French jihadists call for attacks on their homeland

A horrified France was grappling with a new reality on Thursday in which hundreds of its citizens are openly joining jihadist groups and directly calling for attacks on their homeland.

French jihadists call for attacks on their homeland

Paris: A horrified France was grappling with a new reality on Thursday in which hundreds of its citizens are openly joining jihadist groups and directly calling for attacks on their homeland.

A new video from the Islamic State group released on jihadist forums and Twitter on Wednesday showed three Kalashnikov-wielding Frenchmen burning their passports and calling on Muslims to join them or stage attacks in France.

The new video explicitly calls for retaliation against France for launching air strikes against the Islamic State group, which has seized large parts of Syria and Iraq.

It follows the appearance of two other French jihadists — identified as 22-year-olds Maxime Hauchard and Mickael Dos Santos — in a brutal IS execution video released at the weekend.

Defence Minister Jean-Yves Le Drian announced on Wednesday that France would step up its campaign against the jihadists, sending six Mirage fighter jets to Jordan in December.

France currently has nine Rafale jets based in the more distant United Arab Emirates as part of a US-led international campaign to provide air support to Iraqi and Kurdish forces fighting the group.

Its most recent strikes, Le Drian said, targeted trenches used by IS fighters around the northern Iraqi city of Kirkuk on Tuesday.But France is increasingly looking inwards as it reels from the news that over 1,000 people from a wide range of backgrounds have left to join the jihadists in Iraq and Syria, with 375 currently there.

Prime Minister Manuel Valls said Wednesday that "close to 50" French citizens or residents of France have been killed in the conflict zone.

"So we know the dangers and, sadly, we are not surprised to learn that French citizens or residents of France are found at the heart of these cells and taking part in this barbarity," said Valls.

Figures published in the Le Monde newspaper this week found almost a quarter of those who left to join the jihadists are converts to Islam, with many coming from jarringly everyday French backgrounds.

One study from the Centre for Prevention Against Islamic Sectarianism recently found that 80 percent of parents reporting concerns about their child`s radicalisation described themselves as atheist. Hauchard, for instance, came from a small village in Normandy where he is remembered as a polite and amiable neighbour prior to adopting radical Islam in his teens.

French authorities say the other French jihadist in the video, Dos Santos, is of Portuguese origin but born in the French riverside town of Champigny-sur-Marne.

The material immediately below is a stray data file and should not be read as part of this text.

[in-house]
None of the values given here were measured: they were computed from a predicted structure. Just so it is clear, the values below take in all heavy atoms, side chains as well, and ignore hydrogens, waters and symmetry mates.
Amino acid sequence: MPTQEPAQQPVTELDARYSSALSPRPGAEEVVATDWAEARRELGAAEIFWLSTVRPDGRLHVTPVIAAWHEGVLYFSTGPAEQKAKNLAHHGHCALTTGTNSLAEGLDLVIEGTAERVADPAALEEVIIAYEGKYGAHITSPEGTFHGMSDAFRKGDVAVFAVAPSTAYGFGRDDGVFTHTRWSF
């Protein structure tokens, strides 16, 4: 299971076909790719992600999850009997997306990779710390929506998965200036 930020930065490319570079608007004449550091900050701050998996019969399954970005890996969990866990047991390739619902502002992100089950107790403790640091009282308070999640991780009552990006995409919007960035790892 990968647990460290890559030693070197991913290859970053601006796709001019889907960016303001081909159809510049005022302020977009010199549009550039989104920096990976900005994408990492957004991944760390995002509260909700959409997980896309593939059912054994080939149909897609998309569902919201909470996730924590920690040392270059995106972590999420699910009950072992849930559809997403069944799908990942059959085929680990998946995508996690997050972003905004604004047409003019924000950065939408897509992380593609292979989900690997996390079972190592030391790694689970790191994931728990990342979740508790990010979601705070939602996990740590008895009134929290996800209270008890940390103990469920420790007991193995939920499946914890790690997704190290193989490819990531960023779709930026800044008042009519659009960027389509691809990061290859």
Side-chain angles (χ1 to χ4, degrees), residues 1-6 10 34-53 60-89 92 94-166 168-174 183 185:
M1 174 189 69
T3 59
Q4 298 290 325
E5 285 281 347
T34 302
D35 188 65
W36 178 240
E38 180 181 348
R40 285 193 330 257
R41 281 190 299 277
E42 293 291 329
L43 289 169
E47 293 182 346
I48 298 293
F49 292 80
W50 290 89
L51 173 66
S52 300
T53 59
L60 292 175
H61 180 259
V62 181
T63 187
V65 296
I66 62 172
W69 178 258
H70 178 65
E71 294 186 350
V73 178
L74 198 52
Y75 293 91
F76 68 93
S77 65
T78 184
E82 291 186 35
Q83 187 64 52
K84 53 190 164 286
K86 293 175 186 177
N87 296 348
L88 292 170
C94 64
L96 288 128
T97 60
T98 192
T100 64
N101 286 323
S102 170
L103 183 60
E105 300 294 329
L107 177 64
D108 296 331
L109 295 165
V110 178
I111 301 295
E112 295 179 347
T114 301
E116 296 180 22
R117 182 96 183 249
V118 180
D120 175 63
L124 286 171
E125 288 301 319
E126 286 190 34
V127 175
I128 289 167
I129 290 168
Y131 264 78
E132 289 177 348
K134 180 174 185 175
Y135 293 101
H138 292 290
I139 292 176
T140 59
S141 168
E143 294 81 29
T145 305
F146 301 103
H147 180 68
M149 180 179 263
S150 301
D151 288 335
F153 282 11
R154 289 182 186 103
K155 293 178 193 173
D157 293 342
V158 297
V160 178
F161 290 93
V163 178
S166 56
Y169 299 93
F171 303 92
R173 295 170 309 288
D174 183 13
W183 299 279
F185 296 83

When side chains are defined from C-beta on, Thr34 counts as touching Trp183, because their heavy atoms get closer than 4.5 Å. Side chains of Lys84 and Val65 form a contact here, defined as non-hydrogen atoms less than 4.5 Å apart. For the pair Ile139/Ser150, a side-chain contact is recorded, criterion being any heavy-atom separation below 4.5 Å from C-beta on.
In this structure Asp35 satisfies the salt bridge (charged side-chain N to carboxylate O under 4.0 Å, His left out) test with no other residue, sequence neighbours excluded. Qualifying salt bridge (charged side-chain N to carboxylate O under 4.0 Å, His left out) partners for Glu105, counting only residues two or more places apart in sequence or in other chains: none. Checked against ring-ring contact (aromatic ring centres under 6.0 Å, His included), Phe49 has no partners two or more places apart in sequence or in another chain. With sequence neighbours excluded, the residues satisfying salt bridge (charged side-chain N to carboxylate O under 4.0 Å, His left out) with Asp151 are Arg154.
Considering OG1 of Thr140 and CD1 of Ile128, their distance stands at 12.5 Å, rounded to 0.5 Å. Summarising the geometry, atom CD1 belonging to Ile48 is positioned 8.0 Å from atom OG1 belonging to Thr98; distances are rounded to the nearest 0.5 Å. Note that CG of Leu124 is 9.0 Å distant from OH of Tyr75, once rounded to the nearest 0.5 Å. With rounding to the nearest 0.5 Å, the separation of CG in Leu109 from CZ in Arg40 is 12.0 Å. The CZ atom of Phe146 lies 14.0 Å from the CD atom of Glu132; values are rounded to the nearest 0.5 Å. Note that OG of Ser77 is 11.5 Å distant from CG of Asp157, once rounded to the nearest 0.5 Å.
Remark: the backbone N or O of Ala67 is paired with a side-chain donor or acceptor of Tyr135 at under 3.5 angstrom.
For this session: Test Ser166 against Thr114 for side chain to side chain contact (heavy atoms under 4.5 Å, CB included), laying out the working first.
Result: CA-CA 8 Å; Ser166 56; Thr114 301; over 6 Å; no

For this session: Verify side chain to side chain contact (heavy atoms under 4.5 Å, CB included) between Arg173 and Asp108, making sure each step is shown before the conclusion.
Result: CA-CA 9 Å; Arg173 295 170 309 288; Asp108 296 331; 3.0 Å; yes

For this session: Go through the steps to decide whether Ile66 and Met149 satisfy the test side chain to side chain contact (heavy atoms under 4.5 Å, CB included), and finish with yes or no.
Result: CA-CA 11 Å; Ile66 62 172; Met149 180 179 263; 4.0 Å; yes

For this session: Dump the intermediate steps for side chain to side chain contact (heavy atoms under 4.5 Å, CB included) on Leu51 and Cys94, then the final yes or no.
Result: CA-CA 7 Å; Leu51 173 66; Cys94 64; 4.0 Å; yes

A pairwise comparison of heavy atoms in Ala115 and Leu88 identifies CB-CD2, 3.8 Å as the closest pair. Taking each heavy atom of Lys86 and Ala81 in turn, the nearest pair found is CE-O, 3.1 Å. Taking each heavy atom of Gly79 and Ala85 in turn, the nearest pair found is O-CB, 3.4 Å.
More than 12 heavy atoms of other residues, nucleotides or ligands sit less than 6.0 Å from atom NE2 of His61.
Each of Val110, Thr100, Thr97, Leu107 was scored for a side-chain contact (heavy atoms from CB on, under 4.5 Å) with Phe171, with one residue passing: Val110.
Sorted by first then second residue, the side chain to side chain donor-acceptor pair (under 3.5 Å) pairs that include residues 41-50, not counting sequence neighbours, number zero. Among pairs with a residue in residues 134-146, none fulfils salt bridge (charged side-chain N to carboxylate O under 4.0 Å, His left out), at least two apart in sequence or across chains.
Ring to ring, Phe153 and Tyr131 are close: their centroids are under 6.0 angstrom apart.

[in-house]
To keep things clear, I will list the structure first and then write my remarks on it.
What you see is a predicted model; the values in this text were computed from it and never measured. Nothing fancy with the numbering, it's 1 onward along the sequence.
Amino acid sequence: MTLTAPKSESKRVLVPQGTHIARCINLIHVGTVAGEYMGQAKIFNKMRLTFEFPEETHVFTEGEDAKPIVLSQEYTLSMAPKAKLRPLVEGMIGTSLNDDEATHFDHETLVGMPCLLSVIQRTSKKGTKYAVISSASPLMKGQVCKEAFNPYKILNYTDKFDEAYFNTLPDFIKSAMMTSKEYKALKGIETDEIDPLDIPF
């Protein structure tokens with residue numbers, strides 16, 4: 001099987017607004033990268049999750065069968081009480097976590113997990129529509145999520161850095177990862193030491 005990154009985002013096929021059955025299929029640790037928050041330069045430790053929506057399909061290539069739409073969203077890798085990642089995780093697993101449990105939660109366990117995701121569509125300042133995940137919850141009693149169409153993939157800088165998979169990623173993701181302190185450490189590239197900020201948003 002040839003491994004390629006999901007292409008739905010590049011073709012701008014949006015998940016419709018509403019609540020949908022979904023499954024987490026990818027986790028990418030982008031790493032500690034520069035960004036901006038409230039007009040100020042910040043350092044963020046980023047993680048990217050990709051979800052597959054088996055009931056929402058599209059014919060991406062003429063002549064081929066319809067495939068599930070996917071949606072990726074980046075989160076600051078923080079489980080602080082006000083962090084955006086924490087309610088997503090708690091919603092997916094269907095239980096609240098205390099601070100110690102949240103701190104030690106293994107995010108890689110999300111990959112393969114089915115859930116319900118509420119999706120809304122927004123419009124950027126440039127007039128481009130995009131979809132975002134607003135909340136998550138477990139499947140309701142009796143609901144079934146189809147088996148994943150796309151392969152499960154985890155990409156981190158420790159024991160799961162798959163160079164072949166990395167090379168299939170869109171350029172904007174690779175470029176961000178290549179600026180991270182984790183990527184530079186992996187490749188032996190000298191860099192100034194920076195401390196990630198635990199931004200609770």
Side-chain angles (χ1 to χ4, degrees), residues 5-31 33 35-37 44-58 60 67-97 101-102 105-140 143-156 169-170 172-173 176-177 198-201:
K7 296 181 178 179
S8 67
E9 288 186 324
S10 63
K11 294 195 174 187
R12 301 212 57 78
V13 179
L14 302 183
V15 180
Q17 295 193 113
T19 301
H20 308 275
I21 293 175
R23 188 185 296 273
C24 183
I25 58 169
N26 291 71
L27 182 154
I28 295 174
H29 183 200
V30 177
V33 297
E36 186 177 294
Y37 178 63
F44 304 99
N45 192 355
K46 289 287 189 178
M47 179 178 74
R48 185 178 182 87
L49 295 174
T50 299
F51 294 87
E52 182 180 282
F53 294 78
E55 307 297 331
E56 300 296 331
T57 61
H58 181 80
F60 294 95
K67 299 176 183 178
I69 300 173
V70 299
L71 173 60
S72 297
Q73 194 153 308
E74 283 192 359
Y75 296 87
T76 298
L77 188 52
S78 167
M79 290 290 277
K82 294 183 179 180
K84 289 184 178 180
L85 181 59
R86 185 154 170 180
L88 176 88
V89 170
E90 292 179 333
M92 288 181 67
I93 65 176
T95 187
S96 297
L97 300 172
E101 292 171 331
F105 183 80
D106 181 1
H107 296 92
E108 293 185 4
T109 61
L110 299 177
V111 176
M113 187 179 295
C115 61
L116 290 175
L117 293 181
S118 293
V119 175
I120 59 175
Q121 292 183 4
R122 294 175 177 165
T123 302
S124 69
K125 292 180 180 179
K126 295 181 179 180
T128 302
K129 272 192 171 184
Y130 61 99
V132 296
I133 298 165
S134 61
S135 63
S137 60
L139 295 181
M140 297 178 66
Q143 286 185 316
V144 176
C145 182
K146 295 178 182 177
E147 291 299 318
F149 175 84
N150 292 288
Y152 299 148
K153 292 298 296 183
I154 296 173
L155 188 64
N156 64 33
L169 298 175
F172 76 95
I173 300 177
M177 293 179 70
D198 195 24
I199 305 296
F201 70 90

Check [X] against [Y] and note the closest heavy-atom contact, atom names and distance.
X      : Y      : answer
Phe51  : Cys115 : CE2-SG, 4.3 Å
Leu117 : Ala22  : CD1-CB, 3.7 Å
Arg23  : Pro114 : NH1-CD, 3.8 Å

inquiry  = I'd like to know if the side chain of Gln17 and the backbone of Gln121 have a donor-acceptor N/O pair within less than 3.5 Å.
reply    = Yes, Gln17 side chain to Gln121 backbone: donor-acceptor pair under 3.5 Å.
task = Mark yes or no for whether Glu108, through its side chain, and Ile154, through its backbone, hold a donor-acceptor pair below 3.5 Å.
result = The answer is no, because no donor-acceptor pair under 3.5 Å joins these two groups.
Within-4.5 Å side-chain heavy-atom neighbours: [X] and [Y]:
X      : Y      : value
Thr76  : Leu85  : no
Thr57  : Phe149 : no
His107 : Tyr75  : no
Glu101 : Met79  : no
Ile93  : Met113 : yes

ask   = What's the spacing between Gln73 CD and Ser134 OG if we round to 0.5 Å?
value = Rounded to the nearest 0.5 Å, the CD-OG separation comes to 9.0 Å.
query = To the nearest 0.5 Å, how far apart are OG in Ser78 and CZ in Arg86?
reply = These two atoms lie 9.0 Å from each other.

He was part of a network of radical young men in his neighbourhood and is believed to have left for Syria in the autumn of 2013, according to a government source.

United Nations chief Ban Ki-moon said Wednesday that violent extremism had to be tackled "at the grassroots level".

"We must continue to think more deeply into the fundamental conditions that allow extremism to thrive. Looking at these challenges solely through a military lens has shown its limits," he told a special Security Council meeting on counter-terrorism.

France is far from alone in dealing with the problem.

As a proportion of their populations, Belgium and Denmark are the biggest contributors to the jihad in Iraq and Syria, although France — which has Europe`s largest Muslim population -- has sent the largest overall contingent.

"France is particularly affected by this phenomenon in part because networks still exist that sent volunteers to fight against the Americans in Iraq after 2003," said Louis Caprioli, a former head of counter-terrorism for the French intelligence service.

He also pointed towards the "Tabligh" movement of Islamic preachers that has been "very active in French towns and suburbs since the mid-1990s" — providing a base from which some members of the community moved on to more radical off-shoots.

"Its efforts to re-Islamise young people of second and third-generation immigrant communities is now bearing fruit," said Caprioli.

He said even the converts to Islam were often in close proximity to these immigrant communities, although he emphasised there were multiple explanations for the burgeoning numbers of radicalised youth, not least "the extraordinary quality of Islamic State communications, which perfectly exploit all the tools of the Internet."  

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